Newcastle corporation’s livery was very attractive. I refreshed my memory only a couple of weeks ago when I visited the East Anglia Museum and 501 (LTN 501), on loan from Beamish, was doing the rounds.

Chris Hebbron

17/10/11 – 07:35

The post war NCB bodies were, like many others, notoriously badly built (structurally) and this was partly the reason for their folding up in 1950/51. At the last gasp, someone from ECW came along to try and resurrect the fortunes – hence the looks of these, NCB’s last, bodies. Alas to no avail.
After NCB closed, Roe bought machinery and timber from the receivers. They did not buy the company itself which disappeared.

David Oldfield

13/10/15 – 06:41

Dave Oldfield’s a little unfair. NCB had problems with green timber but so did Massey to a Much larger extent and even (whisper it) ECW.
It wasn’t because of failures with the product that NCB’s coachworks, machinery and stock in trade was sold, it was to pay death duties on the estate of the founder Sam Smith, the Smith family had to let go of one of their interests and rightly saw the coachwork boom coming to an end.

Stephen Allcroft

01/03/20 – 06:32

I was looking at the last bus from the Newcastle Transport and which was for Gosforth Park and would like to get the information of the route number which the buses was during those period of the 1970s and this help will be welcomed to get this route destinations onto my models required for the layout system.

Christopher Norris

02/03/20 – 06:49

Christopher, the commemorative route numer this bus and LVK 123 were used on in 1977 was Route number 44

Ronnie Hoye

03/03/20 – 06:31

Christopher, I’ll give you the full route inbound from Gosforth Park, as its easier to explain.
South from Gosforth Park into Newcastle City Centre, was a straight run down The Great North Road, which until the Tyne Tunnel opened in the late 60’s was still the A1.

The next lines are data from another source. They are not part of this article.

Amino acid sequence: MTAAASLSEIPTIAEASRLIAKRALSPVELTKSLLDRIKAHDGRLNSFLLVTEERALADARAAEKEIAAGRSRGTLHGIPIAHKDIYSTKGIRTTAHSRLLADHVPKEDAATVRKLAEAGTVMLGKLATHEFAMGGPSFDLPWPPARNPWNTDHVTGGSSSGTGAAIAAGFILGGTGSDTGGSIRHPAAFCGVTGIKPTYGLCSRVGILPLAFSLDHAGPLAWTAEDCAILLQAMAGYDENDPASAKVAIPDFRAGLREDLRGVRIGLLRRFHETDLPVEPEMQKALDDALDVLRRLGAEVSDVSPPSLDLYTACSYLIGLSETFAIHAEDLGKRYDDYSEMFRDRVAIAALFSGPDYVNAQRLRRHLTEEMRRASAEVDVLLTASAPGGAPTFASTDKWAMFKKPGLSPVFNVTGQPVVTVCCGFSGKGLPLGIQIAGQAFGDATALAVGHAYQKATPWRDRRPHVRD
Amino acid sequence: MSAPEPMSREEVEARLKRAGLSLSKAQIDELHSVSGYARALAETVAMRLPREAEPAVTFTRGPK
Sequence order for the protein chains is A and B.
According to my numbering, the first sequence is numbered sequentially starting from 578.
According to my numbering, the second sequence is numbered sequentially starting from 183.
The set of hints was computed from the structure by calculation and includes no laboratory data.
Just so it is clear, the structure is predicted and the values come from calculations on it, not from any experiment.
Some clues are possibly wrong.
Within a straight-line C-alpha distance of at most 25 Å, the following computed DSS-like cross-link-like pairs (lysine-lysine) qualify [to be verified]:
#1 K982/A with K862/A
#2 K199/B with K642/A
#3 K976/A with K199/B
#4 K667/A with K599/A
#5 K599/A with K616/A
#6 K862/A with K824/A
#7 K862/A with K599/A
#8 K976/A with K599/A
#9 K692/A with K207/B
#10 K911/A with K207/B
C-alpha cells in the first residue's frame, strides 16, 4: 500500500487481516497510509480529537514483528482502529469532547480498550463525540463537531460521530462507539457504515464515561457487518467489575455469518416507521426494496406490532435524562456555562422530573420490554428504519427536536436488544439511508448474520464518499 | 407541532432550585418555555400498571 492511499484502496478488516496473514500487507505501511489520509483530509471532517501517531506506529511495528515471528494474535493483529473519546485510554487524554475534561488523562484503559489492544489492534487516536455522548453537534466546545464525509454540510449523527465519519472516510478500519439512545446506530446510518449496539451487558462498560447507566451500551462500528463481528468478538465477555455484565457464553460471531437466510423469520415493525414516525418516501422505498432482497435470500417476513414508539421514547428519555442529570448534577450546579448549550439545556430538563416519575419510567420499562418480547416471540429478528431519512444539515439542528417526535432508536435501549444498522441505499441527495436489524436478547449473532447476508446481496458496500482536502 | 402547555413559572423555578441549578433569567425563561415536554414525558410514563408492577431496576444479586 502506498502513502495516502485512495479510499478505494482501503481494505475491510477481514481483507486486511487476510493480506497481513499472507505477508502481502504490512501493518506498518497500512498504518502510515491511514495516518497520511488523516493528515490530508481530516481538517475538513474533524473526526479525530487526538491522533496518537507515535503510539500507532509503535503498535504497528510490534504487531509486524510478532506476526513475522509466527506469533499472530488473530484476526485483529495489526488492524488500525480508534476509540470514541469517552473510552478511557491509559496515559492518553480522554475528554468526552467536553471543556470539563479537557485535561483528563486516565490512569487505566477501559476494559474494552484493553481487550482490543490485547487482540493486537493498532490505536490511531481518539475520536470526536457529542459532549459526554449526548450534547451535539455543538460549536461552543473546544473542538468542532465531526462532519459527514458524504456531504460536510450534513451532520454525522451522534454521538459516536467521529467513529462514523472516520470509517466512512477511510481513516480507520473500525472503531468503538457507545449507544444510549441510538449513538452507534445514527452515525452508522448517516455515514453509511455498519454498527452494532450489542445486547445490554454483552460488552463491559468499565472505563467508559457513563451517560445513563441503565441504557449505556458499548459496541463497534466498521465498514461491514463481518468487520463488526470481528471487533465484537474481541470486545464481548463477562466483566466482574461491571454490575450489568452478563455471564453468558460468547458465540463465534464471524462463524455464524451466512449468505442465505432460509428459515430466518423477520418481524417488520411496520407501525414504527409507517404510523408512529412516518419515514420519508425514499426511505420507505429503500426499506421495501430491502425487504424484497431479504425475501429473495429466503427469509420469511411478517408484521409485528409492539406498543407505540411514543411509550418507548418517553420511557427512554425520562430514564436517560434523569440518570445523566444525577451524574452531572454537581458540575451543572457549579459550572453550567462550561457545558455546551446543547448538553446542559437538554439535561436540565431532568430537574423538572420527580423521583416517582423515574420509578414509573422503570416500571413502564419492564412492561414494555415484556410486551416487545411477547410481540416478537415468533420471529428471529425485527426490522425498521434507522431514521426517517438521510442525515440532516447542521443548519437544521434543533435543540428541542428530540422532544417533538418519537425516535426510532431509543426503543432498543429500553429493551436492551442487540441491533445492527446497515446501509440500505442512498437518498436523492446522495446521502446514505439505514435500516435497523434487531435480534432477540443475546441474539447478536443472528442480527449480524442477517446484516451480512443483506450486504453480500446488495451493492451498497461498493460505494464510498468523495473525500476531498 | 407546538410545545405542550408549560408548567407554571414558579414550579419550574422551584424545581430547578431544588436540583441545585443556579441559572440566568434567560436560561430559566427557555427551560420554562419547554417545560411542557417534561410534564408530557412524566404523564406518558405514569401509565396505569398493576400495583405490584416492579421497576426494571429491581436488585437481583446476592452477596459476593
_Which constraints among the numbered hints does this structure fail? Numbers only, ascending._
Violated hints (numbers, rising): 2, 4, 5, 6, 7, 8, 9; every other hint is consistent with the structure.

As I said, it was a straight run, but it went through several name changes.
For about the first three miles, it was the Gt North Road, then for about two miles, it became Gosforth High Street, then back to the Great North Road.
On entering the City, it first became Barras Bridge, then Northumberland Street, and finally Pilgrim Street.
At this point the 44 turned right, into Market Street, which lead into Grainger Street.
At the bottom of Grainger Street, it turned right into Neville Street, where it stopped outside the Central Station, it would then turn right into Bewick Street, which was the terminus.
From there, it would turn right in to Clayton Street, then right again into Westgate Road, then left into Grainger Street, and then the reverse of the inbound route.

Ronnie Hoye


Quick links to the  -  Comments Page  -  Contact Page  -  Home Page



All rights to the design and layout of this website are reserved     Old Bus Photos does not set or use Cookies but Google Analytics will set four see this

Old Bus Photos from Saturday 25th April 2009 to Monday 8th August 2022